Going right back to mathematician Ada Lovelace, the poet Lord Byron’s only legitimate child, and her ‘analytical engine’, his narrative reveals how she and Charles Babbage, ‘the father of computers’, kickstarted the revolution that led to Alan Turing and Bletchley Park, Bell Labs, Gates, Wozniak, Jobs, Tim Berners-Lee, Larry Page and beyond. This is a fascinating read, beautifully written, that offers some great insights into how innovation really comes about. Incidentally, Isaacson gave McChrystal a glowing blurb on the ‘Team of Teams’ book jacket.
‘The Wright Brothers’ by David McCullough — This is another page-turner from the eminence grise of American historians. McCullough brings the two brothers to life: Wilbur, the visionary genius and Orville, the mechanical savant. He vividly renders their epic adventure to send heavier-than-air machines into the skies; you can sense their excitement and frustration at every turn. It all happened just over a century ago, when it was still common enough to grow up without electricity or running water, as they did. But they had books and parents who instilled in them a lifelong love of learning.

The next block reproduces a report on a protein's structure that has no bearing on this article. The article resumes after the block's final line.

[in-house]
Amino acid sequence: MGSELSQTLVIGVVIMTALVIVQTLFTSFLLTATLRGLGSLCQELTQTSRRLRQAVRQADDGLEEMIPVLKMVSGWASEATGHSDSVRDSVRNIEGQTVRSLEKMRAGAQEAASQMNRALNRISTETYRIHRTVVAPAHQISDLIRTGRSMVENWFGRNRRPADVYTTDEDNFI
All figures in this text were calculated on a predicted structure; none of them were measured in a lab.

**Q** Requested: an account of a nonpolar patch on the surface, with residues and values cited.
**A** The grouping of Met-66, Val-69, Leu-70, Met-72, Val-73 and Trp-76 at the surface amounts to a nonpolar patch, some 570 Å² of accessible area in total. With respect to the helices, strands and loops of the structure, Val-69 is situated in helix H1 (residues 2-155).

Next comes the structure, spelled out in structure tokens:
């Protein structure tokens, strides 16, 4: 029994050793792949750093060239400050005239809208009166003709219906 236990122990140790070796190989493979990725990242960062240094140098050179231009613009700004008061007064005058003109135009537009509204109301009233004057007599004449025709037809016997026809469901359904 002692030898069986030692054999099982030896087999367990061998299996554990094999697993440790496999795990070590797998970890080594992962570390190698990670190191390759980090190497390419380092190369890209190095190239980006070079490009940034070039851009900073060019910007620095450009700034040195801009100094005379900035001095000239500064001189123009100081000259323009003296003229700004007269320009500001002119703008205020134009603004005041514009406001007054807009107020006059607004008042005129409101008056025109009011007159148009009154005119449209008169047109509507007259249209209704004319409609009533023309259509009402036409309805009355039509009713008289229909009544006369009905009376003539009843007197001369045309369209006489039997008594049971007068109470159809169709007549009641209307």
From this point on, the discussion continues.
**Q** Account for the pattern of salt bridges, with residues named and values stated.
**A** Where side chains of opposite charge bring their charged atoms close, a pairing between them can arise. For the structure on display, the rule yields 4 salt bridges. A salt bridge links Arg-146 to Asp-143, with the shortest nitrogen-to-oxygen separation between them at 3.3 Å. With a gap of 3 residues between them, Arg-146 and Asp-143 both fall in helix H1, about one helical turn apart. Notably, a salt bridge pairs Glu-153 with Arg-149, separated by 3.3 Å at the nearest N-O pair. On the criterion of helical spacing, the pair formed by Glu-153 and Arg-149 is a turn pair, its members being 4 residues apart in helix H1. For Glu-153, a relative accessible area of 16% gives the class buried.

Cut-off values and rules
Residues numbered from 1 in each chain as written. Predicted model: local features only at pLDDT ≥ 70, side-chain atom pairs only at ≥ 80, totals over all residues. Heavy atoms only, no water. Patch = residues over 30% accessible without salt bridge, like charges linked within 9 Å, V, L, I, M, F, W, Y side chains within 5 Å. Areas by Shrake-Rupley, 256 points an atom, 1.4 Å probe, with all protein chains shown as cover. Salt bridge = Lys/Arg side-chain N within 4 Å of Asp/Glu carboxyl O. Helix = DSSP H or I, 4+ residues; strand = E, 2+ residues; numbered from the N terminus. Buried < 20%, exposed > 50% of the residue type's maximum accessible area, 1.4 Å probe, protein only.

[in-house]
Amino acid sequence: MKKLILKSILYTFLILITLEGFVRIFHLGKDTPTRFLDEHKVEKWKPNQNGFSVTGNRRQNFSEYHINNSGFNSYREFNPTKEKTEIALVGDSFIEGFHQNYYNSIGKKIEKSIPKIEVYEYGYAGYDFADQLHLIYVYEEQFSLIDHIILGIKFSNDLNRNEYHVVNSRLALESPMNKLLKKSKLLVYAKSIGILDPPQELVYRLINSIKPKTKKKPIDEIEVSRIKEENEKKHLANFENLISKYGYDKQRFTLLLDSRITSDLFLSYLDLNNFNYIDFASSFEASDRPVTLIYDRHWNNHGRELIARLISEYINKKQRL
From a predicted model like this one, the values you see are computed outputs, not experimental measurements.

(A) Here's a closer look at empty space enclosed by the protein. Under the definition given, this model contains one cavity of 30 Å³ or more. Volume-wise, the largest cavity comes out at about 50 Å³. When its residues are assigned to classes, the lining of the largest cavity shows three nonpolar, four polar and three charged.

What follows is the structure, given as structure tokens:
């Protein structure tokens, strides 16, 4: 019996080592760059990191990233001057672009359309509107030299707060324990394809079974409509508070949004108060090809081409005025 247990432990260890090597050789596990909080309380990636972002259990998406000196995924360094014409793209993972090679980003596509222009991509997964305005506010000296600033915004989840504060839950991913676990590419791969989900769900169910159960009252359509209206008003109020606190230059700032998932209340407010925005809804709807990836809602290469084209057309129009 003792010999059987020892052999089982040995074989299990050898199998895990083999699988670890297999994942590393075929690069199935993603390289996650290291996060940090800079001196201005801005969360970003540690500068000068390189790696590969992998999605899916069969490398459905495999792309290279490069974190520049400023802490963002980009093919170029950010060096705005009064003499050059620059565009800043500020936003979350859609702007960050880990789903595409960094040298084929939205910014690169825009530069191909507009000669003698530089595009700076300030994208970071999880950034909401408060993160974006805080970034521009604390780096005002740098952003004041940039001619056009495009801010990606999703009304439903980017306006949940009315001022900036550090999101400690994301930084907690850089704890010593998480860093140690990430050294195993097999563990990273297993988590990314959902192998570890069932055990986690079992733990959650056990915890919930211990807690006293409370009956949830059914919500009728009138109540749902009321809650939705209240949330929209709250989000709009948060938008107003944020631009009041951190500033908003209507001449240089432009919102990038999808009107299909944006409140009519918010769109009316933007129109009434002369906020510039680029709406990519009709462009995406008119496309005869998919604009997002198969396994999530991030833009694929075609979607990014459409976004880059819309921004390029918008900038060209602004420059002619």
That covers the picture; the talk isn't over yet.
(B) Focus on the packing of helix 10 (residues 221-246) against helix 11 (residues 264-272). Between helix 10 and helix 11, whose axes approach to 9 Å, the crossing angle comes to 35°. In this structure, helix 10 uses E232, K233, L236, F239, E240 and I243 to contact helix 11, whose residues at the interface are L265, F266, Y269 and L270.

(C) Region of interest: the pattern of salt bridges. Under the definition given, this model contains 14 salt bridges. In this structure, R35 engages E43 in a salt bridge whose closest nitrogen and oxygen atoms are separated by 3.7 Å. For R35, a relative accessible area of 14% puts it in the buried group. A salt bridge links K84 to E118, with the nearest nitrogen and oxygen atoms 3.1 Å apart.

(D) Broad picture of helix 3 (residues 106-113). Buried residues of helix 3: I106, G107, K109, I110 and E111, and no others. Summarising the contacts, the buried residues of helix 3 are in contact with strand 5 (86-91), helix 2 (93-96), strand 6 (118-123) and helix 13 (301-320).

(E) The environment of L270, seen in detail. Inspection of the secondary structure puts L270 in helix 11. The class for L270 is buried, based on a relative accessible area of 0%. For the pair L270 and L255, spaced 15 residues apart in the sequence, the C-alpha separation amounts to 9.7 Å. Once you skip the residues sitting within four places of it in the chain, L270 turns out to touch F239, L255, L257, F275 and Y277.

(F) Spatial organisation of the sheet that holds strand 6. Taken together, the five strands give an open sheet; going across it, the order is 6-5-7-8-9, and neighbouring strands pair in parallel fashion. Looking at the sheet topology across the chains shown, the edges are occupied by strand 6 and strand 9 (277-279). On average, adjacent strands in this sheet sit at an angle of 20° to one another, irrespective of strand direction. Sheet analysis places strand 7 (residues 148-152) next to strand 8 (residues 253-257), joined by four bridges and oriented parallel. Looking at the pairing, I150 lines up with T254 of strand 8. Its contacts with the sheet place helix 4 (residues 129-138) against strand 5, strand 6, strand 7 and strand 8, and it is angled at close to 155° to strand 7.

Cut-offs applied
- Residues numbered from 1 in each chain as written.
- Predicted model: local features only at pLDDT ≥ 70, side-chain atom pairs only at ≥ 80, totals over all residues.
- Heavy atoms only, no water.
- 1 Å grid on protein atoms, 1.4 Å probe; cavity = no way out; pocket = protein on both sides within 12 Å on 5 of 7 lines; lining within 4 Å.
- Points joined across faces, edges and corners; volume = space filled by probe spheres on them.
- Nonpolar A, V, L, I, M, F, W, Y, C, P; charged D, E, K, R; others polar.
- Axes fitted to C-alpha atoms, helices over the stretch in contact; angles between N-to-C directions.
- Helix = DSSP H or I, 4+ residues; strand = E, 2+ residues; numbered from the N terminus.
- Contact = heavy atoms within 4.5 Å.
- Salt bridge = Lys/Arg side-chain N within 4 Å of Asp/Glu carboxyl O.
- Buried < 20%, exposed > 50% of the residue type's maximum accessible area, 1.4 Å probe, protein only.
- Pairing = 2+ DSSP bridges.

Among many other interesting facts, we learn that the only media to report on the first powered flight at Kitty Hawk was a beekeeper’s journal, as no other newsmen took the brothers seriously. After all, the US Government had its best people on the same problem. And they couldn’t make it work. How could two bicycle mechanics from Dayton, Ohio, succeed? Even when the Government was offered first dibs on this new technology, they turned it down. They simply didn’t believe that something heavier than air could fly under its own power. Only once the French had spent money with these pioneering aviators did the US wake up to the enormity of this new possibility. And the Wright boys did it all on a shoestring budget using their own money. The book is also a paean to brotherhood, self-belief and the need for collaboration, even in a team of only two. For anyone seeking to make a difference in the world—often fighting against an indifferent world—this is inspiring stuff.